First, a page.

Food fight: Sumien Brink

Given that more food does not equate to less hunger, there is nothing right with the current food system, says Sumien Brink.

From the Series

Sumien Brink is the award-winning editorial director of design publication Visi and food magazine Taste. She cooks, bakes and gardens too.

Can you design food culture? What would you include?

Maybe in the beginning stages of a person’s life, but you cannot design the way a family teaches their children to eat; each family is different, with a different culture and heratige. At primary school level, a good food system should be in place, but it shouldn’t show kids how they should eat, but rather what is in everything they eat. Everyone must make their own choices, but hopefully in the future no one will be able to say "I didn't know deep-frying everything is bad!"

What's the biggest problem with the current food system?

The fact that we’re so removed from the production of the food we eat. If we knew how food is being produced, most of us would change our ways pretty quickly. These foods will have a negative effect on our children and I'm sure the people of the future will suffer weaker immune systems, more cancer and die earlier because of the limited diet we eat, which is mostly genetically modified, pesticide-drenched food.
Why do we eat shrimps but not insects?

I know, it’s silly! It's partly a cultural thing; I once spoke to some Damara men (a Namibian tribe) who could not understand why we would want to eat these ugly things – they look like cockroaches! Maybe we see them as "clean" because they pickle around in salt water all day, while cockroaches hang around in sewers?

How can emerging economies’ increasing desire for milk and meat be redesigned?

There could be tax reductions for families who own livestock that graze in communal parks.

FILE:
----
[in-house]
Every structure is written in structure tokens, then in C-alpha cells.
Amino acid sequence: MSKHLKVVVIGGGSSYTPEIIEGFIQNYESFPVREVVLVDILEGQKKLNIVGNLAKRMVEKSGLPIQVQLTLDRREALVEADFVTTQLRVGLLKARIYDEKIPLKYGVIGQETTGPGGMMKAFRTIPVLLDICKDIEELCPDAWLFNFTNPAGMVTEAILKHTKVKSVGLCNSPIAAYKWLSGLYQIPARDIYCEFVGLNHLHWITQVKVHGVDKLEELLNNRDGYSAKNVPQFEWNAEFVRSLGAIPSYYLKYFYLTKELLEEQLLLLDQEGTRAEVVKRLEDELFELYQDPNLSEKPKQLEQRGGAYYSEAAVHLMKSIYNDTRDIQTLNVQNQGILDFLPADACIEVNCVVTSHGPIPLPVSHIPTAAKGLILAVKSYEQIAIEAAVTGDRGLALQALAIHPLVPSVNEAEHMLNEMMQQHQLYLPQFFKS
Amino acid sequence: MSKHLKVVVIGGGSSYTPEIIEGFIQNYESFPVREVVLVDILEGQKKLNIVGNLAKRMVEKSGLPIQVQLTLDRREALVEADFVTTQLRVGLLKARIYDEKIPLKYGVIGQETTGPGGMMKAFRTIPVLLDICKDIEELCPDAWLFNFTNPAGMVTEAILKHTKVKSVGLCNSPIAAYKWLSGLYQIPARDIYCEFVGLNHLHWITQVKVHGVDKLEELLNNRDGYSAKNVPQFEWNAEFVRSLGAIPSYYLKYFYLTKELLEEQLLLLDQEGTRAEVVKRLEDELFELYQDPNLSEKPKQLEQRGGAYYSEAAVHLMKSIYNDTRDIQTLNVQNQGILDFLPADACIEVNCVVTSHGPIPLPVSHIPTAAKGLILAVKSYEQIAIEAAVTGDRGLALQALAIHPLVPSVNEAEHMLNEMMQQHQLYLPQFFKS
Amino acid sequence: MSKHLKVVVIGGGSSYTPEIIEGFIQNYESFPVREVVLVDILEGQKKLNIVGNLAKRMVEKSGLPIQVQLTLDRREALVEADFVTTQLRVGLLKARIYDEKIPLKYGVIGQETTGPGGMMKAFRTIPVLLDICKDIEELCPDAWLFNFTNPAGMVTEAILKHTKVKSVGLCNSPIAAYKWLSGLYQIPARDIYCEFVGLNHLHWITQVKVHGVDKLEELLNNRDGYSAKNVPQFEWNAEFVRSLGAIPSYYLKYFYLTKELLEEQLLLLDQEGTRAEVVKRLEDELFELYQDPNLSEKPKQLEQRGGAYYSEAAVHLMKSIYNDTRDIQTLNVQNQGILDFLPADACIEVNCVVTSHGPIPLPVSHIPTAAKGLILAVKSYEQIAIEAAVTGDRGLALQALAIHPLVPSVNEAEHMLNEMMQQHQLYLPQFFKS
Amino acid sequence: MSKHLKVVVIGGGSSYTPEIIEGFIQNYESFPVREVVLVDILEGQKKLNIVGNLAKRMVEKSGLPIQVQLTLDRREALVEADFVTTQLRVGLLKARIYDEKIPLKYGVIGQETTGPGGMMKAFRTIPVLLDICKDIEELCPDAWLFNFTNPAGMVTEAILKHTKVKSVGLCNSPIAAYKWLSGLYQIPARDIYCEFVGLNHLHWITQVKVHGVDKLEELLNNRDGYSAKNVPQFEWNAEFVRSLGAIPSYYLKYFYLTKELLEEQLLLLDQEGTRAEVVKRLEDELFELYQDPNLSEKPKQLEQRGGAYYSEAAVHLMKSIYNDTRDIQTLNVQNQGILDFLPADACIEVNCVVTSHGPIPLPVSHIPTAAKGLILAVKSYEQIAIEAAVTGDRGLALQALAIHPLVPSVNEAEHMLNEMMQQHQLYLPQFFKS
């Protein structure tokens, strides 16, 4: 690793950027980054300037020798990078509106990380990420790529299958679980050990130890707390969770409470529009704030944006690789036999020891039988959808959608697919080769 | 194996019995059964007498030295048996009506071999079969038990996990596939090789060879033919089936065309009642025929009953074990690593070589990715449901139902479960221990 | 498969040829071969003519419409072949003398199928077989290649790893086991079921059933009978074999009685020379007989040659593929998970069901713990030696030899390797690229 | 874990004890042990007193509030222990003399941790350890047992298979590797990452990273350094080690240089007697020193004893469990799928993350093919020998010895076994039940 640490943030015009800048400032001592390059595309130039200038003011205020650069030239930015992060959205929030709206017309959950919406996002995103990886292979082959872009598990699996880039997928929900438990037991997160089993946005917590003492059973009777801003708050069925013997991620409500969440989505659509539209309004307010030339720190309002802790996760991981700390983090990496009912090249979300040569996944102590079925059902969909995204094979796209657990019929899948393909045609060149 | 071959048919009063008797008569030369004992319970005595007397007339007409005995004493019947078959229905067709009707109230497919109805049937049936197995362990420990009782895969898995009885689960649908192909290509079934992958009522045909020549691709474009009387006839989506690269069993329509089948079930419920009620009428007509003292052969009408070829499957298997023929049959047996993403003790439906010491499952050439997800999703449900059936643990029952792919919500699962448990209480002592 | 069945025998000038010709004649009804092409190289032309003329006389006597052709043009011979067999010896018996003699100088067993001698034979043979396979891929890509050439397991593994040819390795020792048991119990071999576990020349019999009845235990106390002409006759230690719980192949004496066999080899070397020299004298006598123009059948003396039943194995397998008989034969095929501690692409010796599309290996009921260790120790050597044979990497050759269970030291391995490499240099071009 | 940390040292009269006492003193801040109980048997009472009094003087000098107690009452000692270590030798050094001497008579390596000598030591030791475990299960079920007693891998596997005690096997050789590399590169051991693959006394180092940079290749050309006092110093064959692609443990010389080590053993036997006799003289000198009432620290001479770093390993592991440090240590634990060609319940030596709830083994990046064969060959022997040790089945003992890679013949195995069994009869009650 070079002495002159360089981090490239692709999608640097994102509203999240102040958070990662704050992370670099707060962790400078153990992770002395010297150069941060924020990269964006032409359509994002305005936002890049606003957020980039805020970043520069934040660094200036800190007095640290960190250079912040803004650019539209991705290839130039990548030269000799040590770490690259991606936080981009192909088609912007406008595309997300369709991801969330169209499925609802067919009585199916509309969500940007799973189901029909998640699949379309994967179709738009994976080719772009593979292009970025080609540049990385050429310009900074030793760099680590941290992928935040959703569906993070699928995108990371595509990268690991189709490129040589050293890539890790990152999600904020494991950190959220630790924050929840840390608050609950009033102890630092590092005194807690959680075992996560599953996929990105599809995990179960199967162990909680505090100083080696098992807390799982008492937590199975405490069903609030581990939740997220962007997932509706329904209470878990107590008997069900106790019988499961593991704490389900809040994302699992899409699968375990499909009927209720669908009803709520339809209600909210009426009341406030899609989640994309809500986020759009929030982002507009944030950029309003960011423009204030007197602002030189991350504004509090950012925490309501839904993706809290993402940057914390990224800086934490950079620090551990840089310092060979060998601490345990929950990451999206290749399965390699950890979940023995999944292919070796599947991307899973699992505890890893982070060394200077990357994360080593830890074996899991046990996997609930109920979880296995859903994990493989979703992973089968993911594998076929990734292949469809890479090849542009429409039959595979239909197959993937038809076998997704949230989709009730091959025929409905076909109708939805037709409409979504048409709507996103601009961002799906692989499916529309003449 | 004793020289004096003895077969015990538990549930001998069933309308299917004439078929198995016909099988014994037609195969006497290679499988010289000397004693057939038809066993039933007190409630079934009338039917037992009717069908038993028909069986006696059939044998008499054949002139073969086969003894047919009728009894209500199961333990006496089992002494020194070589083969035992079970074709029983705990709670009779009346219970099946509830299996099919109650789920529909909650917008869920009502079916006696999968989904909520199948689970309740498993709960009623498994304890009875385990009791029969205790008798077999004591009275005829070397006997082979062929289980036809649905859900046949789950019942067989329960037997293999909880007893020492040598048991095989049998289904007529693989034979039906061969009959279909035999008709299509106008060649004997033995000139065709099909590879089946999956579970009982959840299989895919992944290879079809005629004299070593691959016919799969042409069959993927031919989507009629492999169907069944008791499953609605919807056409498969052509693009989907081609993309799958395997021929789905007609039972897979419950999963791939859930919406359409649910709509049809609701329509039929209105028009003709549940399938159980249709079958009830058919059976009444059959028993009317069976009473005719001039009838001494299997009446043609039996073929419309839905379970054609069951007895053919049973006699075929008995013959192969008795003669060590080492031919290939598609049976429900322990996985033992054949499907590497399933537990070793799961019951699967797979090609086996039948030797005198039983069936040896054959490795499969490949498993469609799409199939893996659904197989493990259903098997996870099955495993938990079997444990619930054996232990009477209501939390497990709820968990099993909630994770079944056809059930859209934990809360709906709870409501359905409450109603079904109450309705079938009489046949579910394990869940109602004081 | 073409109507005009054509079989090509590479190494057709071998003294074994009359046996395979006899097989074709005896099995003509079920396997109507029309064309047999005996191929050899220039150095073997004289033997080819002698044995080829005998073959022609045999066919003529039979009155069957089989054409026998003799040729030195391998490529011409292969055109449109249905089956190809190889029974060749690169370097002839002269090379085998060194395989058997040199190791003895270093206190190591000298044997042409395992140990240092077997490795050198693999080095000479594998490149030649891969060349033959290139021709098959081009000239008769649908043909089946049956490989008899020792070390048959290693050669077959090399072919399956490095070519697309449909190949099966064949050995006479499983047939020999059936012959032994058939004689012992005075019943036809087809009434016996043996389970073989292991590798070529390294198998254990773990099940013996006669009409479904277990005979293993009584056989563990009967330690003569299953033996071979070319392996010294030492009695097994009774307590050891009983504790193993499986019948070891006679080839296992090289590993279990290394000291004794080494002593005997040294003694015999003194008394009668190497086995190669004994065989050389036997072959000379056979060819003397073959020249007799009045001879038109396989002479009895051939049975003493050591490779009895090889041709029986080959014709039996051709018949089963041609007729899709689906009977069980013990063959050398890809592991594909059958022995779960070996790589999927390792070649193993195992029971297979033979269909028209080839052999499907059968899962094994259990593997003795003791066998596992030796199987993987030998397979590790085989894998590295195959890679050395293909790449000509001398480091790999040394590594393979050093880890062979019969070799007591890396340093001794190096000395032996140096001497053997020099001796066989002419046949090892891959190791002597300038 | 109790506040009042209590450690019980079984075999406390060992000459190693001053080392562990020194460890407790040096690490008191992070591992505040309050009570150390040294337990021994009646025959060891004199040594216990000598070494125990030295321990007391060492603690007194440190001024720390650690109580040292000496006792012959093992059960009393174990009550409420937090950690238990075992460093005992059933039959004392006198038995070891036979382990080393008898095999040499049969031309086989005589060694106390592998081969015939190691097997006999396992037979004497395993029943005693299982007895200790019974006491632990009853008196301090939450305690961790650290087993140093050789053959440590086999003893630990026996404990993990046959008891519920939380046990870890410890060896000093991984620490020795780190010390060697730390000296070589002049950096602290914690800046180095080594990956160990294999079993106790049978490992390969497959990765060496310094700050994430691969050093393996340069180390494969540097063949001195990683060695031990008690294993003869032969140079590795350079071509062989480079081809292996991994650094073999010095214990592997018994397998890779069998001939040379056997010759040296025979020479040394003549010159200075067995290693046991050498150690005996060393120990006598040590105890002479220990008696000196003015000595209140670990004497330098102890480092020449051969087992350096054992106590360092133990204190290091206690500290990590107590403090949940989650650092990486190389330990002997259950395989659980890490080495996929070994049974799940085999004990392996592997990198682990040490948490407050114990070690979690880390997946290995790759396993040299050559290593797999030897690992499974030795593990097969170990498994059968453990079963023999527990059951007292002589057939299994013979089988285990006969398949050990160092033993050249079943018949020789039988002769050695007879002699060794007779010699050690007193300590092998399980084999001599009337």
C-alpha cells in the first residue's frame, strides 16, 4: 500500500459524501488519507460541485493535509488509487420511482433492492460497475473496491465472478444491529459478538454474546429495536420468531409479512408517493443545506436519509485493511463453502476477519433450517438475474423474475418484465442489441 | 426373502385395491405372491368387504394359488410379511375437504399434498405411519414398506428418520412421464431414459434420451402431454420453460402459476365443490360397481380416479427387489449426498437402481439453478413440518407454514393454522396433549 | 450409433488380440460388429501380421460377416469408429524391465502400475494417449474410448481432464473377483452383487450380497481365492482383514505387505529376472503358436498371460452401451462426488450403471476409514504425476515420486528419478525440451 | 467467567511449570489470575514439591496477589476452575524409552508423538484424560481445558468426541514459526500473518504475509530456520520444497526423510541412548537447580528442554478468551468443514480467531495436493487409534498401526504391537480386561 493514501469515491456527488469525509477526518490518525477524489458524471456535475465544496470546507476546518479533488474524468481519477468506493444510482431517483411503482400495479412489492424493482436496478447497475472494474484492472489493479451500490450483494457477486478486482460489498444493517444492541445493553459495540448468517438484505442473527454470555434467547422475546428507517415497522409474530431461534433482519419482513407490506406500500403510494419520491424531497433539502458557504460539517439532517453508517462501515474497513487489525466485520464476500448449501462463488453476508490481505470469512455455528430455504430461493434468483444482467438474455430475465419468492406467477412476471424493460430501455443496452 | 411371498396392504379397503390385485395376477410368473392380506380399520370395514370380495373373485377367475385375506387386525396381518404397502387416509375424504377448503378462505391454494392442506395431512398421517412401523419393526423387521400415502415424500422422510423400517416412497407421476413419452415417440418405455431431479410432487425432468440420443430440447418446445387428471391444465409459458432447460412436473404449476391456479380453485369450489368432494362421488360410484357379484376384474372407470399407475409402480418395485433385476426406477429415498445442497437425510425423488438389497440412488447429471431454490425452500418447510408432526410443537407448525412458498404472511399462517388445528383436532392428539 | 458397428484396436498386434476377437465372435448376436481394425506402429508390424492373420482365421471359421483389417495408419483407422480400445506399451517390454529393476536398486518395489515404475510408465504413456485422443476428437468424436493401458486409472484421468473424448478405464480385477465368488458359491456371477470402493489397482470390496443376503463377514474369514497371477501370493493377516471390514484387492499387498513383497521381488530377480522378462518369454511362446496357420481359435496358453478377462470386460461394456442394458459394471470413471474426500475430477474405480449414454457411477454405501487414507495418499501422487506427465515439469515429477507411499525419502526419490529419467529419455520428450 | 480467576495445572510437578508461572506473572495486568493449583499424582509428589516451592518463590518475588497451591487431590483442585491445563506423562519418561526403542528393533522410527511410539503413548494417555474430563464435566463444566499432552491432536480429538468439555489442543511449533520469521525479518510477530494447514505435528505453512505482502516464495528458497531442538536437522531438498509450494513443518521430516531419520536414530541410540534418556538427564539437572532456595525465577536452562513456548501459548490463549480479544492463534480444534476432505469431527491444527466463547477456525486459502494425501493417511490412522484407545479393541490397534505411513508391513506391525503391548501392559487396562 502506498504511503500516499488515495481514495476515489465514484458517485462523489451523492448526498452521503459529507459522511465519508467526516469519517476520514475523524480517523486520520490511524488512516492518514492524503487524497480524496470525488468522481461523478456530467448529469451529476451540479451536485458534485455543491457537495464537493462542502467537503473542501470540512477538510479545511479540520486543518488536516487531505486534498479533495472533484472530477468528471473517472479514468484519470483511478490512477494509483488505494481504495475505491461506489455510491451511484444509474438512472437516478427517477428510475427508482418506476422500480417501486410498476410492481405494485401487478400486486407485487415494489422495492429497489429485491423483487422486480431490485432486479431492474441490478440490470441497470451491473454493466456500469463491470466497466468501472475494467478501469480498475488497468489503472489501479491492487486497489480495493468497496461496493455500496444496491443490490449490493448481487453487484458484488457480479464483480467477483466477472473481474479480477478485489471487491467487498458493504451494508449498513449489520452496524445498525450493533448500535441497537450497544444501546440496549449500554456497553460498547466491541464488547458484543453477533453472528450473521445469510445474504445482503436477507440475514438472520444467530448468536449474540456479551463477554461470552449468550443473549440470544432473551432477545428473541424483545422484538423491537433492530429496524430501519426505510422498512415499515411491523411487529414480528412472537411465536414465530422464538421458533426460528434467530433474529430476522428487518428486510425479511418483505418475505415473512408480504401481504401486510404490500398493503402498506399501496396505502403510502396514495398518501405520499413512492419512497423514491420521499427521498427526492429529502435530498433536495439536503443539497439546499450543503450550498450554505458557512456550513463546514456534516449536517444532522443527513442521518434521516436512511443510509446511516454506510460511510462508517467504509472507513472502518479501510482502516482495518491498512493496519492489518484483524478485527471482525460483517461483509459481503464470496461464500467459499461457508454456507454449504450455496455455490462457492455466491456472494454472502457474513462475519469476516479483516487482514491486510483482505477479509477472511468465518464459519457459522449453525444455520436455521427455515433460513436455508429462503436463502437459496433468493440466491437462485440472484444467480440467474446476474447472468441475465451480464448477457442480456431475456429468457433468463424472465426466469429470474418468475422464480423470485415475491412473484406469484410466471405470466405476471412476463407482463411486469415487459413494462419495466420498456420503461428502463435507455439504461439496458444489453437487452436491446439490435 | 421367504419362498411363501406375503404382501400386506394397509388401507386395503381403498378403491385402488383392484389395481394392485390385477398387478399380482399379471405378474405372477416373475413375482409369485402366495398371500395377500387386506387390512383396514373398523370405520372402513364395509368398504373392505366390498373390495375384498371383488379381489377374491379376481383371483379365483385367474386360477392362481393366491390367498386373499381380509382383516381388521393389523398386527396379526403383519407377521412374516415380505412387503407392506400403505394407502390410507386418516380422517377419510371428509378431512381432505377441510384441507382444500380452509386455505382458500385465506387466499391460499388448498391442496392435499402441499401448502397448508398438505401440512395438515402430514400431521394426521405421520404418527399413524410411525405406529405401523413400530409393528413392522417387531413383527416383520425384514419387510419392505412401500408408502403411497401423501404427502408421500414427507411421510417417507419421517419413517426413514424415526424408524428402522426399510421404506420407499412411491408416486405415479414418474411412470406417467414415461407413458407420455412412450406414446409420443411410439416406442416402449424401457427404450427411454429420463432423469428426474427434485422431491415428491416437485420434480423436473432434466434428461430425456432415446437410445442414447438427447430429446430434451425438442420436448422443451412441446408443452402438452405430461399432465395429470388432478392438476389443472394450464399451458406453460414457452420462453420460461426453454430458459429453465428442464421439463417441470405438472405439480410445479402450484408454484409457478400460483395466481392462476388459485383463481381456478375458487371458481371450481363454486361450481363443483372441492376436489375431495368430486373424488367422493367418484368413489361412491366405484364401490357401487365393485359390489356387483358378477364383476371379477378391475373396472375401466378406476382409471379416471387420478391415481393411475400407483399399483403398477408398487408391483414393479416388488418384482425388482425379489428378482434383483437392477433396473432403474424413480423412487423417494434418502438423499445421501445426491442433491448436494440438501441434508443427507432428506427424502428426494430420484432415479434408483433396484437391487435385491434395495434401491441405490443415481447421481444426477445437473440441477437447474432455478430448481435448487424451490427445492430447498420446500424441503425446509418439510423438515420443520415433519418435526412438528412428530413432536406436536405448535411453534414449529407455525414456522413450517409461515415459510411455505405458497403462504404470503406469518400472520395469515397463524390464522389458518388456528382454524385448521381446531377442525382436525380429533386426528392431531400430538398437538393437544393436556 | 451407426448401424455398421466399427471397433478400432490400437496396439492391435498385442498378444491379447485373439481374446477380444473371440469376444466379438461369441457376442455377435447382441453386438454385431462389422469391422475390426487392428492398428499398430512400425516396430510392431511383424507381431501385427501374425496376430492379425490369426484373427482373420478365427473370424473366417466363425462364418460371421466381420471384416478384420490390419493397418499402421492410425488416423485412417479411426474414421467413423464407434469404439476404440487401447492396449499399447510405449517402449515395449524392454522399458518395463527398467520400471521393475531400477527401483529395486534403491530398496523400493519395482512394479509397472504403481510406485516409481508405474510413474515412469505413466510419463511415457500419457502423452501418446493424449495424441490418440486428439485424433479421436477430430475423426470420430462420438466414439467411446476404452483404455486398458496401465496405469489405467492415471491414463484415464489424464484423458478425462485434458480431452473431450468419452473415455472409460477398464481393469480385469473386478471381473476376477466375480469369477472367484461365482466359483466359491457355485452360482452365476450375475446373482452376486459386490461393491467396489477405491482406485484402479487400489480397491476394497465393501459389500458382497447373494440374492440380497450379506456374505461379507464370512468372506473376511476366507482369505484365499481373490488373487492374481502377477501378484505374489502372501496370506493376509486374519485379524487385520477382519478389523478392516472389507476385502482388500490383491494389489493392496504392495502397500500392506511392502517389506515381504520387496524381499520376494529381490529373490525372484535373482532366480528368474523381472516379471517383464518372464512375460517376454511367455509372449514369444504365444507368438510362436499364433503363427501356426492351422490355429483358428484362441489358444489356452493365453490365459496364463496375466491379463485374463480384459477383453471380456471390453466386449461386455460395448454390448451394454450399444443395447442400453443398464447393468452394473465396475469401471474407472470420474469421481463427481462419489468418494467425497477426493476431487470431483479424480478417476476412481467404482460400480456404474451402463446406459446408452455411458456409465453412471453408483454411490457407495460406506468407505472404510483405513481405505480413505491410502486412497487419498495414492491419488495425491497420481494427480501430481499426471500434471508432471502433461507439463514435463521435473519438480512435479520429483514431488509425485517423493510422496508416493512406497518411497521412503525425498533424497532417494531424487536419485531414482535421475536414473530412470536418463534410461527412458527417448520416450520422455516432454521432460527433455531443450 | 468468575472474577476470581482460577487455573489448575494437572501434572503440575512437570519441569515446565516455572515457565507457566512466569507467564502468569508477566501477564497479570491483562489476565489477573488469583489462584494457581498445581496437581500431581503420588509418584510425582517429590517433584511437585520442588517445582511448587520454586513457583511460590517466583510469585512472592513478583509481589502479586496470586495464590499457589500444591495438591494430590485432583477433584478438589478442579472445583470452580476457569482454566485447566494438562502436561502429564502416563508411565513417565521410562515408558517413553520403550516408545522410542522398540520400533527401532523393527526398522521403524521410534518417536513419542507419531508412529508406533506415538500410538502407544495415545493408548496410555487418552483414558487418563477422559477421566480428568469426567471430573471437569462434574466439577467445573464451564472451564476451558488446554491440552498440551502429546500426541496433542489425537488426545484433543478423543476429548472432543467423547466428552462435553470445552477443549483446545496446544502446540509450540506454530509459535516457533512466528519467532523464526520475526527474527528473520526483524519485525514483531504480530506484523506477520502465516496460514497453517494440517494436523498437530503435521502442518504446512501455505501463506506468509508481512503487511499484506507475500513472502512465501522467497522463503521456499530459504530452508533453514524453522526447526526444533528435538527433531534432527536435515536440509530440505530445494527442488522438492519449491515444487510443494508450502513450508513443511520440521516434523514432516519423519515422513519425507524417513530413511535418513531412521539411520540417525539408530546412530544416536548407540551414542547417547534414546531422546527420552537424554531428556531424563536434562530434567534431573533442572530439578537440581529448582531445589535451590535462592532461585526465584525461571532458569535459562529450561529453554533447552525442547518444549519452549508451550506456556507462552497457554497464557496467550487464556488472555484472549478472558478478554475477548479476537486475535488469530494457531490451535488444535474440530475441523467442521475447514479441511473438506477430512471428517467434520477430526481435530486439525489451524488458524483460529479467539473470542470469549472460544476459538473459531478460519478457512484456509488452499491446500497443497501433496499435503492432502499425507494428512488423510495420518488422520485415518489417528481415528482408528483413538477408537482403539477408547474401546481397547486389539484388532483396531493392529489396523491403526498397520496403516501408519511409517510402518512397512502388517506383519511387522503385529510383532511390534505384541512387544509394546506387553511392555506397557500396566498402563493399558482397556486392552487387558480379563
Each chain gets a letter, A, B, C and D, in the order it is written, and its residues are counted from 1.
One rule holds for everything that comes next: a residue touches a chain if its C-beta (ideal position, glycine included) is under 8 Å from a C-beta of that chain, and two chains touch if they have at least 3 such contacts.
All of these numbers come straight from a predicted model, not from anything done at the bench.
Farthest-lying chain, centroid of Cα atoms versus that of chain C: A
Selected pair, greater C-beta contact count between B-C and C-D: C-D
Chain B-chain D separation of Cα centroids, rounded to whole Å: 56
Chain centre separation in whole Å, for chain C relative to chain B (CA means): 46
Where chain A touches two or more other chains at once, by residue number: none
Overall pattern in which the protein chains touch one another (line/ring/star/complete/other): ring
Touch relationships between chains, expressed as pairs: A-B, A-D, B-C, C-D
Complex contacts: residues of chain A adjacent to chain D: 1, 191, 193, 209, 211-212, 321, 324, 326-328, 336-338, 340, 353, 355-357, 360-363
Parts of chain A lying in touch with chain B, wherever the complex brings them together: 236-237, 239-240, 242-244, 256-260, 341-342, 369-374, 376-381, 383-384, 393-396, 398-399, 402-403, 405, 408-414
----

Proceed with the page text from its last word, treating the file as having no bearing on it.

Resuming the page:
If a family is closely involved in their future dinners’ lives, maybe they would think twice about eating meat or milk 
from an animal they did not know.

What’s right with mass production?

It should be that more food equals more people getting food, but it’s not, so there’s nothing right with it.

Is foodie-ism gluttony dressed up as ethical sophistication?

Sometimes, but mostly the foodie movement has helped to create awareness and support for local producers, better quality and health.

Is the purpose of eating design only to manage your weight and biological health concerns?

No, I believe food is meant to be shared and experienced together. My family eats around a table every night, we make food together, and talk about the successes or failures of the night’s dishes. I think you should always keep the food groups in mind when preparing a meal, but if we eat a bit to much starch tonight, we should eat more fresh salads tomorrow night. People should stop worrying about calories and weight, and rather focus on quality of life.
How can designers feed the world?

By giving children and communities the tools and knowledge to feed themselves. Designing systems that work, not in First World countries, but in war-torn, starving and devastated Third World countries.